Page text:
Looking back at the second time we reached the last 16 of The FA Cup...After being given a bye in the First Qualifying Round the Second Round saw Notts Olympic visit John O’Gaunts for a match played in a strong wind. With the elements the visitors took a first half lead but two late second half goals from Quentin Neill and Frank Smallman saw City through although it was accompanied by jeers from the 1,500 crowd who had been disappointed by the performance of the City players.
A trip to fellow Midland League side Notts Rangers, playing at Meadow Lane, was the reward in the next round. A good crowd, including many from Lincoln, gathered but heavy rain was falling as the players entered the pitch and a thick fog descended around the ground as the teams prepared to kick off but it thankfully cleared almost immediately. The home side took an early lead when the ball cannoned into the net off the back of an unnamed City defender but City proceeded to dominate and by half-time Frank Smallman with two, George Shaw and Thomas Burton had made the score 4-1.
The lead was increased after half-time through Robert McKay before Rangers pulled one back but City had the final say adding two more goals from Burton and McKay to run out easy 7-2 winners.
Local rivals Gainsborough Trinity were the visitors to John O, Gaunts for the final qualifying round and in front of around 4,000 spectators were dispatched 5-3 with Burton scoring twice, Shaw and W. Graham one apiece with a scrimmage accounting for the fifth with the draw for the First Round Proper being a home game against Chester.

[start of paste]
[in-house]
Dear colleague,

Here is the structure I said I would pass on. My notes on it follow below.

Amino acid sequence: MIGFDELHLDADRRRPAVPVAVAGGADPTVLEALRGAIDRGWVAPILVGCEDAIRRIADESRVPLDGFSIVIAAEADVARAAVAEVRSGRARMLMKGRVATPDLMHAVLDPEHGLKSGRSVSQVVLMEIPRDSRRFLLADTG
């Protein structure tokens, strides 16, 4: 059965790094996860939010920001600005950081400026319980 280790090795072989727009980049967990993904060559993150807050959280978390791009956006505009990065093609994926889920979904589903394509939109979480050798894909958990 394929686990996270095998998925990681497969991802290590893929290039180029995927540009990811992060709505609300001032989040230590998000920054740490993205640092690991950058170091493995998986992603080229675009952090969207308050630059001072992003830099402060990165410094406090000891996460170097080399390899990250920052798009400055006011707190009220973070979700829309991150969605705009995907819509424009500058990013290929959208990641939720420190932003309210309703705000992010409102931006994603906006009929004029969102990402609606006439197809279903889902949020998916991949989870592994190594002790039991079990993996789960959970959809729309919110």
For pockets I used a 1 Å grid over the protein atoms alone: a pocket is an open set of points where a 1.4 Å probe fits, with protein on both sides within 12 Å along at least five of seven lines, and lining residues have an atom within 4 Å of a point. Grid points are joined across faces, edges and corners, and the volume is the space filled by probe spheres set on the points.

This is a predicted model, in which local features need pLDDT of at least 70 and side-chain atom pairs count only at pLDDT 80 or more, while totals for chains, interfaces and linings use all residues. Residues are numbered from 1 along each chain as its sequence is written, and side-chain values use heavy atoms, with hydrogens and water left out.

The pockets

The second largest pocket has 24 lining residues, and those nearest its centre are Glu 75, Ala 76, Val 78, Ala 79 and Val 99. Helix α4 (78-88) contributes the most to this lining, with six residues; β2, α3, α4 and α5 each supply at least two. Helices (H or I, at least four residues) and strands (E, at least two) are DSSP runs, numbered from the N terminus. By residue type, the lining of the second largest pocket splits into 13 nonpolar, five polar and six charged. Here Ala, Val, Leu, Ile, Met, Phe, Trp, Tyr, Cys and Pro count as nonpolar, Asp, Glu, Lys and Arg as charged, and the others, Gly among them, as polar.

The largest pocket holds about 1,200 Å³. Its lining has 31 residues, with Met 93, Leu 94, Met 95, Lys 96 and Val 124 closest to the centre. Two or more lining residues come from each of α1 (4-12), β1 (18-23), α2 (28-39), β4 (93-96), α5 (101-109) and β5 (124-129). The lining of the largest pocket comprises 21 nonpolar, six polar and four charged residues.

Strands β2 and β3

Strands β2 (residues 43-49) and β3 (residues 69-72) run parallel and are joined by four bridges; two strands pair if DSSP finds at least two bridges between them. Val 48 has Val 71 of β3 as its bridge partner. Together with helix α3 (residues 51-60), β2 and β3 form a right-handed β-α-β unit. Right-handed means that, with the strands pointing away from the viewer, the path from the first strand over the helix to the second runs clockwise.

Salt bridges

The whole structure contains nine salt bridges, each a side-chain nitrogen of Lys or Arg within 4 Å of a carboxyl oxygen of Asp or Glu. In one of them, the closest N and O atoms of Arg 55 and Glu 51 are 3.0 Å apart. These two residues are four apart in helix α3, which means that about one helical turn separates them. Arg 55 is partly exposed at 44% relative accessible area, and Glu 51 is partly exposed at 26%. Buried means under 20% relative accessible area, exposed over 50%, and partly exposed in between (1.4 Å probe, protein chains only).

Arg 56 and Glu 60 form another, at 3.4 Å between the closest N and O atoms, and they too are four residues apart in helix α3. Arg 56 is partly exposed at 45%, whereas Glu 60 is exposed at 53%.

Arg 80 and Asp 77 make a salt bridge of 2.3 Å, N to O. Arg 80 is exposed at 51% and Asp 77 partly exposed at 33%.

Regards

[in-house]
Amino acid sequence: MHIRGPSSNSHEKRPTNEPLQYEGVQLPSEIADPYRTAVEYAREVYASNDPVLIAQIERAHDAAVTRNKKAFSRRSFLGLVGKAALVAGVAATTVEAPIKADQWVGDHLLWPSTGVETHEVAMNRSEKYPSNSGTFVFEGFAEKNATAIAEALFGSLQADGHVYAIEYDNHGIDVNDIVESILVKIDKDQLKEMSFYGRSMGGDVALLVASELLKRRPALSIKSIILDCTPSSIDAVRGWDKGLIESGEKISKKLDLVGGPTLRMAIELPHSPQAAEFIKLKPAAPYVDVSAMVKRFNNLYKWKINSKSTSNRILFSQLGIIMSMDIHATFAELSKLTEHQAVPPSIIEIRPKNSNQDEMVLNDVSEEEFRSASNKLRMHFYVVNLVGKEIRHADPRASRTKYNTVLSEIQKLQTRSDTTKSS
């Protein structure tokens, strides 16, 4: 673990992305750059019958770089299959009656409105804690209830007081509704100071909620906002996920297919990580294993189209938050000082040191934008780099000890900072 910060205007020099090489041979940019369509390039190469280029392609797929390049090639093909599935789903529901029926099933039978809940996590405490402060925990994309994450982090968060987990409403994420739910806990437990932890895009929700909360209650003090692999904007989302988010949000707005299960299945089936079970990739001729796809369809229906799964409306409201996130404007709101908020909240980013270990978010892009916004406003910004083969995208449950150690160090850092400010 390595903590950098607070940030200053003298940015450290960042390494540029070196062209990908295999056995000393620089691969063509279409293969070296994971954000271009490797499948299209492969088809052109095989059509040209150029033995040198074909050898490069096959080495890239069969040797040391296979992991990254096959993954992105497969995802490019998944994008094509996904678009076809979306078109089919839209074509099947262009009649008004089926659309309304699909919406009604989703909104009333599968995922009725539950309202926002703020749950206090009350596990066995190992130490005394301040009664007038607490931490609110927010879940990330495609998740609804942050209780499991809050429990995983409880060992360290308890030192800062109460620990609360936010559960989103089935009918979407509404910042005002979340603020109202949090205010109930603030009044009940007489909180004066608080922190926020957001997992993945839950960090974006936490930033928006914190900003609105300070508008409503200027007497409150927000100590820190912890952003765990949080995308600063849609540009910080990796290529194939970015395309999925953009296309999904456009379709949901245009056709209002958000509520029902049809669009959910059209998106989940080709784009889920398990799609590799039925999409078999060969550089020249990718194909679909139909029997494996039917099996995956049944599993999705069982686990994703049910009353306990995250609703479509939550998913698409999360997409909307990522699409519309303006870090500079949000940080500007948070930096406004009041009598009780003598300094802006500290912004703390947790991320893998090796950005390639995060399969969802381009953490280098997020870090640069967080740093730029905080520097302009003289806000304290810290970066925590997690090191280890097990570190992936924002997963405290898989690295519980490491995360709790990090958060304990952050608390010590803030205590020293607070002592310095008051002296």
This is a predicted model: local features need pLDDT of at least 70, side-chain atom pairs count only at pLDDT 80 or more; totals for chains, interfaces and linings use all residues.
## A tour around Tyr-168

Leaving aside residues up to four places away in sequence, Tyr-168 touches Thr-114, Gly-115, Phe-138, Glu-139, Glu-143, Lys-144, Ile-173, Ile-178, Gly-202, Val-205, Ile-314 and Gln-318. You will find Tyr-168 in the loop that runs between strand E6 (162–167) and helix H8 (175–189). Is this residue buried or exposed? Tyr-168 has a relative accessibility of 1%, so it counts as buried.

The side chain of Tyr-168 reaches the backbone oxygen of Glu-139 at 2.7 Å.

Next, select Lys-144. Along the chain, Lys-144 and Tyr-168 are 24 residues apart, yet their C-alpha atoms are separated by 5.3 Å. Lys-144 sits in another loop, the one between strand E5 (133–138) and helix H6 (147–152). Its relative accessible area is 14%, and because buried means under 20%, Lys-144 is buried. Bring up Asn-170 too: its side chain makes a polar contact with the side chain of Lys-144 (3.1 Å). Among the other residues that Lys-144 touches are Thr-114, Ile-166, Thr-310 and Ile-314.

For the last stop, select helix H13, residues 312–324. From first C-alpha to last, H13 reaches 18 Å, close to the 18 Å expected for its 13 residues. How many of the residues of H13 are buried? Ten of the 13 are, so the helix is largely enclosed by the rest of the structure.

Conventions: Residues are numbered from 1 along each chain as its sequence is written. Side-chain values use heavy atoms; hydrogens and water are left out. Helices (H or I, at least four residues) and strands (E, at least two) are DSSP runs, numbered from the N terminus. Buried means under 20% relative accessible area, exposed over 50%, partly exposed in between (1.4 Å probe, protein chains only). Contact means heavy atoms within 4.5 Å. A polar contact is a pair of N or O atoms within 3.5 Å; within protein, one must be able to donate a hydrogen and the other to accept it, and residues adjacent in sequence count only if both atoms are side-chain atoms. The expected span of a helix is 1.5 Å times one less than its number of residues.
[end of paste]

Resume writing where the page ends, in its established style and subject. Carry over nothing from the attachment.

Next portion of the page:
The Cheshire side travelled to Lincoln the day before the tie In January and were joined on the day by around 400 supporters who took advantage of special trains laid on by the Cheshire Lines Committee. It took until 15 minutes from the end for Lincoln to open the scoring when McKay saw a tame shot gently roll over the line and two minutes later Joe Duckworth added a second to secure progress through to the last sixteen for the second time in four seasons. The vociferous Cestrian visitors returned home beaten but consoled as “the outing was most enjoyable (barring the defeat), the weather being charming, and Lincoln and its Cathedral exceedingly attractive.”
Having reached the last 16 for the second time great excitement awaited the draw but it wasn’t kind as the Second Round tie drawn at the Football Association’s London offices sent City to Deepdale to play the Cup holders and defending Football League champions Preston North End.
Prior to kick off City officials inspected the pitch as heavy rain had fallen in the days preceding the tie and the pitch was very soft and advised the match referee, Mr Heath from Stoke, that the match would be played under protest. Three quick goals in the first half effectively ended the contest with City keeper Jack Robinson almost singlehandedly keeping the score line respectable. The second half was almost all played in the vicinity of Robinson’s goal but only one further goal was added and the hosts even finished the match with 10 men due to injury.
Maybe it was due to the fact that reports stated that “the general opinion seemed to be that they were lucky to be let off with such a comparatively easy defeat” and “although Lincoln played up pluckily it was evident that they were hopelessly beaten” the City committee decided not to proceed with their protest about the pitch after the game and accepted the defeat.